Press Release – Massey University
Professor O’Neill, from the College of Education, says Treasury wants to increase student-teacher ratios but chooses to ignore the “hard data” that show they are already higher than average. In the 2009 Programme for International Student Assessment …Wednesday, March 28, 2012
Kiwi Teachers ‘Good Value For Money’
Education spending by government on primary and secondary students is lower than the OECD average but New Zealand teachers are among the highest performers, Massey University Professor John O’Neill says.
Professor O’Neill, from the College of Education, says Treasury wants to increase student-teacher ratios but chooses to ignore the “hard data” that show they are already higher than average.
In the 2009 Programme for International Student Assessment (PISA), New Zealand ranked fourth out of 34 OECD countries in reading, sixth in mathematics and fourth in science.
New Zealand’s annual expenditure per student is equivalent to US$5,573 per primary student and US$6,994 per secondary student.
The OECD average is US$7,153, and US$8,972 respectively.
“We spend less per student yet get impressive results,” Professor O’Neill says. “This suggests that our teachers overall do a great job and are cause for celebration not carping criticism.”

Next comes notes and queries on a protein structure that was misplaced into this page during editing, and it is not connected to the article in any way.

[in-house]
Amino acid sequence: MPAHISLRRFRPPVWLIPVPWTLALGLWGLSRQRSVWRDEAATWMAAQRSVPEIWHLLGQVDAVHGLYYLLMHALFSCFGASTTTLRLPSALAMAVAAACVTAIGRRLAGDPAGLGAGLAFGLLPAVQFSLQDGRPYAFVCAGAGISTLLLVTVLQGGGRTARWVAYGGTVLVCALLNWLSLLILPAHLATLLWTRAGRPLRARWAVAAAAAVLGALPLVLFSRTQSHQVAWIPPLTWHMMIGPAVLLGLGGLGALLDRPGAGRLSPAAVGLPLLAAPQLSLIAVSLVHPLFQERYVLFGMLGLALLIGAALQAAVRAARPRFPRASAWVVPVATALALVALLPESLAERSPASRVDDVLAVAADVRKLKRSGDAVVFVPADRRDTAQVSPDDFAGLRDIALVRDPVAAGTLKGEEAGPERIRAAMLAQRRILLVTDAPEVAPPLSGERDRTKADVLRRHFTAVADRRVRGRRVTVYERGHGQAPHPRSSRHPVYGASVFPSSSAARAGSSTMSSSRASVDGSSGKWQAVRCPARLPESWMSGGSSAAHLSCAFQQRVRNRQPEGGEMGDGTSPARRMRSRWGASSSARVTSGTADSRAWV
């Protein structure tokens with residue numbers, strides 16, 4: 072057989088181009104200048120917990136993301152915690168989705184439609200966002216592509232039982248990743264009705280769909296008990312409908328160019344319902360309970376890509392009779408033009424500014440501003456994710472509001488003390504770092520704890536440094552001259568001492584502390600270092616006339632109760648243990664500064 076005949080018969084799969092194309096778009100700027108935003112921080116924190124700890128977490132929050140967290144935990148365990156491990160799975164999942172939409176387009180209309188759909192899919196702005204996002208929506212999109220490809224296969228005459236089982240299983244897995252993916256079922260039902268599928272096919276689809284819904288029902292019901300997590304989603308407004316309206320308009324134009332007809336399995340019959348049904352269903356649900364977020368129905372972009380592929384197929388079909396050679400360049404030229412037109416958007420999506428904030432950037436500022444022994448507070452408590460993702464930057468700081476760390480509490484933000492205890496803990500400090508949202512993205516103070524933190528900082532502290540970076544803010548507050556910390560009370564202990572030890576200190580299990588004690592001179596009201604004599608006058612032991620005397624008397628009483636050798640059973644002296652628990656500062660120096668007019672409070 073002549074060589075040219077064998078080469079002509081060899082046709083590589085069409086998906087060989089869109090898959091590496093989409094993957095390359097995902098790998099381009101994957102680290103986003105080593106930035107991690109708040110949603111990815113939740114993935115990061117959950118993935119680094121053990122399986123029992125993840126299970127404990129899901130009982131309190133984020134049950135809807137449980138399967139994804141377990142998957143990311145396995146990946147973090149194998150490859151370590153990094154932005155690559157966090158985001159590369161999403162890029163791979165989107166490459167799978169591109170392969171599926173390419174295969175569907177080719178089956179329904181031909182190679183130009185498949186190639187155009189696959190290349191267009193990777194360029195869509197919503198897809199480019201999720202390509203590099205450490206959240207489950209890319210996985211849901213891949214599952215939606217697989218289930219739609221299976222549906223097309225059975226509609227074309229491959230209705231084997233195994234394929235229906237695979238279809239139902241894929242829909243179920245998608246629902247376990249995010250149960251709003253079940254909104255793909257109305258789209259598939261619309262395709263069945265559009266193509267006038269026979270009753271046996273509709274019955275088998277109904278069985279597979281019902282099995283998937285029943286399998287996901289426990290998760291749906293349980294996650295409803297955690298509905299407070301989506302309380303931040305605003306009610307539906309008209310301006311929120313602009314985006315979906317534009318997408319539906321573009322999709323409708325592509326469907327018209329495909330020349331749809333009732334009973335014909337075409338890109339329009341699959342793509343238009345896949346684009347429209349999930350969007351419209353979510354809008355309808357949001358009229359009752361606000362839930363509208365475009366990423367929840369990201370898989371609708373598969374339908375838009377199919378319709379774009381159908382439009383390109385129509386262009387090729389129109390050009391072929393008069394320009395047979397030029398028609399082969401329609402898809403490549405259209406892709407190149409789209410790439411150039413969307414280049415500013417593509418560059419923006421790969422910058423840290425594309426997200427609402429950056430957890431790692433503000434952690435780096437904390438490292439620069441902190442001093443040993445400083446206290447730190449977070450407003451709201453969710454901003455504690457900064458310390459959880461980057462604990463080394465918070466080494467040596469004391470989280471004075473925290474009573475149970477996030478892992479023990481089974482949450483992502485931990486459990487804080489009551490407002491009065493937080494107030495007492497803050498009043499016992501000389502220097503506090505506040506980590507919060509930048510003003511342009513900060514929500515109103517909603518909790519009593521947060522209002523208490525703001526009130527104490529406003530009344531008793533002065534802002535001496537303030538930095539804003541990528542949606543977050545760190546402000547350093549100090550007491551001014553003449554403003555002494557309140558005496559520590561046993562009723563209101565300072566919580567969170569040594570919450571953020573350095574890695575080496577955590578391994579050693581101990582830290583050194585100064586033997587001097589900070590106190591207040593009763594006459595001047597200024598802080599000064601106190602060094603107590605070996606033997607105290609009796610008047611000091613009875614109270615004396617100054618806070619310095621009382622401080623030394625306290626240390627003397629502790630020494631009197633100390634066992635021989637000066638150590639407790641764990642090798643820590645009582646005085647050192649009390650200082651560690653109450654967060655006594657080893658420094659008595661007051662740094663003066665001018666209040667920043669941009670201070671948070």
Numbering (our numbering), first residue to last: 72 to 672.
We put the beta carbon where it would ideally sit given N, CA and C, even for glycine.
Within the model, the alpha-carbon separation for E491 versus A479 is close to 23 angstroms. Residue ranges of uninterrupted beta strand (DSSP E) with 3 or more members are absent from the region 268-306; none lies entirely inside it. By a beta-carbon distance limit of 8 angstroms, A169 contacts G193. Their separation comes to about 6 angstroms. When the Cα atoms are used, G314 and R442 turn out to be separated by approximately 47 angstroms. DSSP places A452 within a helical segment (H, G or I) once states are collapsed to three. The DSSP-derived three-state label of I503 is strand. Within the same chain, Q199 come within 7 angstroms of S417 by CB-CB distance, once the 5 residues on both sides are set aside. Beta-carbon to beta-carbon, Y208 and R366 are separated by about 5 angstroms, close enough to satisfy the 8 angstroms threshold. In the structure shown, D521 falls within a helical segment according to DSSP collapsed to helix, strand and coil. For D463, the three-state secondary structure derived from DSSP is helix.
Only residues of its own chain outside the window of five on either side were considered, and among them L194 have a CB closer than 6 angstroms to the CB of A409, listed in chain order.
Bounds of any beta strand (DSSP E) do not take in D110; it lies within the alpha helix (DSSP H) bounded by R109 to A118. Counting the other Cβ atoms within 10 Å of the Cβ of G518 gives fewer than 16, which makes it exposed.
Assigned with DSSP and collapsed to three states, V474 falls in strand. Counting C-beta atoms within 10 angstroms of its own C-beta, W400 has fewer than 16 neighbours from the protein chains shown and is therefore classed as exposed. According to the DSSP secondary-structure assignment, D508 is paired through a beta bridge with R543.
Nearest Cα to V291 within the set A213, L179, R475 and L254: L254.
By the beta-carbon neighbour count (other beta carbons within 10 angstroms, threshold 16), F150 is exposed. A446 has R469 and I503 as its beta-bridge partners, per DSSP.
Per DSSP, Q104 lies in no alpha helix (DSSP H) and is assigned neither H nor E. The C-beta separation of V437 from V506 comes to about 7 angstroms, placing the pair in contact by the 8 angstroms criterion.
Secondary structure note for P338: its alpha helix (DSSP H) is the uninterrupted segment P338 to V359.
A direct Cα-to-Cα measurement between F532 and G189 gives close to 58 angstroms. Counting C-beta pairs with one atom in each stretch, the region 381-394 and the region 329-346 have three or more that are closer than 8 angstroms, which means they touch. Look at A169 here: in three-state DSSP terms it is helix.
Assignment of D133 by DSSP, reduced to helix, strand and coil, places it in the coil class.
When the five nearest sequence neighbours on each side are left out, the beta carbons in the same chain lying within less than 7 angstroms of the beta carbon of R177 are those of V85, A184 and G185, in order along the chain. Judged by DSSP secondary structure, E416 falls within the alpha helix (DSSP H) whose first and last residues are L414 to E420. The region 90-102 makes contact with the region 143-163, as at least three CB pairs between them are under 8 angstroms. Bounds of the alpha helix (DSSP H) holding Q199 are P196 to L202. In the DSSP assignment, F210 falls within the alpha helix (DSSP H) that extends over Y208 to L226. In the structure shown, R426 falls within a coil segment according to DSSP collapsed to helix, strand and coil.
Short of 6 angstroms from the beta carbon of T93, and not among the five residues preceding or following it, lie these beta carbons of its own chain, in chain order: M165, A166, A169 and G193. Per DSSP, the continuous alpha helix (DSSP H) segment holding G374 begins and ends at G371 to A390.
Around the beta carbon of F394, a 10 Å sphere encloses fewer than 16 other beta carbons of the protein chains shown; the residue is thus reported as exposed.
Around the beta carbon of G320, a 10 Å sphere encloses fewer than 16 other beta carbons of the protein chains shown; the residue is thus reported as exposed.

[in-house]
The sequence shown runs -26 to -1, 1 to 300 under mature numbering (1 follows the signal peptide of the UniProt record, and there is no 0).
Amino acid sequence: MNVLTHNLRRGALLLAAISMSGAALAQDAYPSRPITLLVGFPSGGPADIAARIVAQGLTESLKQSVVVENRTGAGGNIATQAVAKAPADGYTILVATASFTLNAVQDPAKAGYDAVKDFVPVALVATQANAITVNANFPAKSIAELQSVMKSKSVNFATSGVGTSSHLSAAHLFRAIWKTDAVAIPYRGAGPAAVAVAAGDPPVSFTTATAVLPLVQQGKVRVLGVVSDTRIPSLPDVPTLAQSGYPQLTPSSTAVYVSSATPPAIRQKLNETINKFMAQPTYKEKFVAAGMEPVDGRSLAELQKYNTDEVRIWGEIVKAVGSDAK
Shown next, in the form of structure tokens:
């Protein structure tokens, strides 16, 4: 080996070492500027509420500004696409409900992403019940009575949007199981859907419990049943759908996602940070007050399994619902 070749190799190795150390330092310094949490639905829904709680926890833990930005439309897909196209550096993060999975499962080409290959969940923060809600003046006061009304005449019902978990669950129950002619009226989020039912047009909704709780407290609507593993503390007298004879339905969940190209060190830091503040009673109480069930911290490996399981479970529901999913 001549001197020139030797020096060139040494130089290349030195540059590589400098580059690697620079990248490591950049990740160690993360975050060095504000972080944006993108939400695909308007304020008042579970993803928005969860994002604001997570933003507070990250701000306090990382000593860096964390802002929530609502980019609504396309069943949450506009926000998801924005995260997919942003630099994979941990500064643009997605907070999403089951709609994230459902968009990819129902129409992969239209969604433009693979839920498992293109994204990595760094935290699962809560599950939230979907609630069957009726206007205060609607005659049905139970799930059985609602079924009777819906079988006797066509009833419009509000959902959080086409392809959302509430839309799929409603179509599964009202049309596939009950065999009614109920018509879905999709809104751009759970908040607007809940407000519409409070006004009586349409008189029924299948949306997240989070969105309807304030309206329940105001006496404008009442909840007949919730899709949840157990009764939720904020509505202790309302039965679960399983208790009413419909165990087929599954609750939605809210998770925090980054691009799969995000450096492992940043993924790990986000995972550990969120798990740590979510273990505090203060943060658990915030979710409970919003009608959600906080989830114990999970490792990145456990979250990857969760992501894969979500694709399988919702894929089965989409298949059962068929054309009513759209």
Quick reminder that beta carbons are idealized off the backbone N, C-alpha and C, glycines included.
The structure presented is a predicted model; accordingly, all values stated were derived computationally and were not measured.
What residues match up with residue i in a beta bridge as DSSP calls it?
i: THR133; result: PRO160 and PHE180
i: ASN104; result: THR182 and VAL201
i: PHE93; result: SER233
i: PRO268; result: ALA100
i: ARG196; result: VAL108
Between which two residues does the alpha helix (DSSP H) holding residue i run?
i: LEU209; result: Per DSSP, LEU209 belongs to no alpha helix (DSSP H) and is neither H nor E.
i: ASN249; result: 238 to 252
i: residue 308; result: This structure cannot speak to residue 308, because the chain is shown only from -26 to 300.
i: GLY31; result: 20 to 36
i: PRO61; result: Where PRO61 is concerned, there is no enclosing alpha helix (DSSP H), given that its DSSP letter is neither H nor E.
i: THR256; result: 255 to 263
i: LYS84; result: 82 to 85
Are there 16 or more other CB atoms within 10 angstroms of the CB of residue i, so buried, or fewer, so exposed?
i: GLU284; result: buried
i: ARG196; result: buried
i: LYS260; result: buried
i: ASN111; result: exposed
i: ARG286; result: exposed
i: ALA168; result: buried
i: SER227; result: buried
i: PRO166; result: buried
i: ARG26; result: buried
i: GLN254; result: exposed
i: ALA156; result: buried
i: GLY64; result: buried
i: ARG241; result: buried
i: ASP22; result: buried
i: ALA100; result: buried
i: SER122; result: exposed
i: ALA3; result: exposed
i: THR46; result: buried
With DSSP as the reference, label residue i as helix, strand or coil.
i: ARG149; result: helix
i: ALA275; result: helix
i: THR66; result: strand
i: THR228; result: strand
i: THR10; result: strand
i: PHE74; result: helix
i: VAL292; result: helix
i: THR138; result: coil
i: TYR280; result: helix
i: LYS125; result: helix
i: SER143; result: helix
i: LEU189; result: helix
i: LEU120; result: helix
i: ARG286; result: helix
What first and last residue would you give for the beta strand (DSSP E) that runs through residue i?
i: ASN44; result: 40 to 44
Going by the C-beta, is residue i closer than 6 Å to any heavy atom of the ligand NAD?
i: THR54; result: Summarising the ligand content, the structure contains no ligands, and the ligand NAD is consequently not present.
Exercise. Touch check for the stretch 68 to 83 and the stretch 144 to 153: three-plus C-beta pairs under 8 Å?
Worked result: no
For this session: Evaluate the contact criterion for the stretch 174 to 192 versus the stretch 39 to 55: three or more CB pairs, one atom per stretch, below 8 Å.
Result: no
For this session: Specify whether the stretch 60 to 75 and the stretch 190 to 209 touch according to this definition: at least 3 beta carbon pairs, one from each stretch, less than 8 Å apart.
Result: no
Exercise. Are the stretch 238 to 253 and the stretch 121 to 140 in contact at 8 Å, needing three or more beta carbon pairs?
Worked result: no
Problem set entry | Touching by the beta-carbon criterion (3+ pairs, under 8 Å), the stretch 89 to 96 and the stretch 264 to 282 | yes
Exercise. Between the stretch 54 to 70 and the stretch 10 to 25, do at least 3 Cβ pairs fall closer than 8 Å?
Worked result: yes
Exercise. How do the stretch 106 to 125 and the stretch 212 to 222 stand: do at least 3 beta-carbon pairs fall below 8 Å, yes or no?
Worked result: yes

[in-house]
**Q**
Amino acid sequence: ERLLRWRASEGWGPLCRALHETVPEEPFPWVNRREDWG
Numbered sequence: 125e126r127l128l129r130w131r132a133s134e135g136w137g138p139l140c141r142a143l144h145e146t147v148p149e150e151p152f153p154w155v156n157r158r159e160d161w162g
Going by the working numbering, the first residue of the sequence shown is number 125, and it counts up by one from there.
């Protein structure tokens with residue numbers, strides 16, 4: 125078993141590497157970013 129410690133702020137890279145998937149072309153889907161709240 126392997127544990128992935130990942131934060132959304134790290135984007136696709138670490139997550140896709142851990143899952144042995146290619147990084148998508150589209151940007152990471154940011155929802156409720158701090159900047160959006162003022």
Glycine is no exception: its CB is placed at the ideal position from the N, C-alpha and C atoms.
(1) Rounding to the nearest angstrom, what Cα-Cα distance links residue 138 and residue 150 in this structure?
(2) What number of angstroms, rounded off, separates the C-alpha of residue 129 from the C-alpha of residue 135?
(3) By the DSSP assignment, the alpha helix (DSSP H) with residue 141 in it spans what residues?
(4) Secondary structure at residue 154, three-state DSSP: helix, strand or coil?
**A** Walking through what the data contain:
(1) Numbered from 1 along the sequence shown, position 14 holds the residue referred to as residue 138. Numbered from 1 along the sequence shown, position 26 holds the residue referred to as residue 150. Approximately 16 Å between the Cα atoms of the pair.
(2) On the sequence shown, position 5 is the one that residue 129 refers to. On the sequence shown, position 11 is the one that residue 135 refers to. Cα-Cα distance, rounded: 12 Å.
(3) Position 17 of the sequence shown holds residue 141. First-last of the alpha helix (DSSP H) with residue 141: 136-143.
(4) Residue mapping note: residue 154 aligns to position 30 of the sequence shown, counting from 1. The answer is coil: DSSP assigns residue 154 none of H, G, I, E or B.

In the debate over whether to increase student-teacher ratios, Professor O’Neill says Treasury has failed to report that current New Zealand student-teacher ratios are one teacher to 16.3 students in primary, 16.3 in lower secondary and 12.8 in upper secondary schools. The equivalent OECD averages are 16.0, 13.5 and 13.5.
“In other words, our ratios need to be reduced overall to match the OECD average, not further increased,” Professor O’Neill says.
He also described as “misleading” criticism about the rising costs of schooling saying increases in Government funding were about catching-up on underfunding in past years.
Professor O’Neill says a simple way of looking at value for money from teachers as a whole is to divide total salary costs for teachers by the total number of students. New Zealand costs per student are US$14,986 in upper secondary (OECD average is US$16,989), US$11,888 in lower secondary (OECD average is US$14,956) and US$11,226 in primary (OECD average is US$11,545).
“Again New Zealand teachers appear to provide very good value for money to government and the country,” Professor O’Neill says.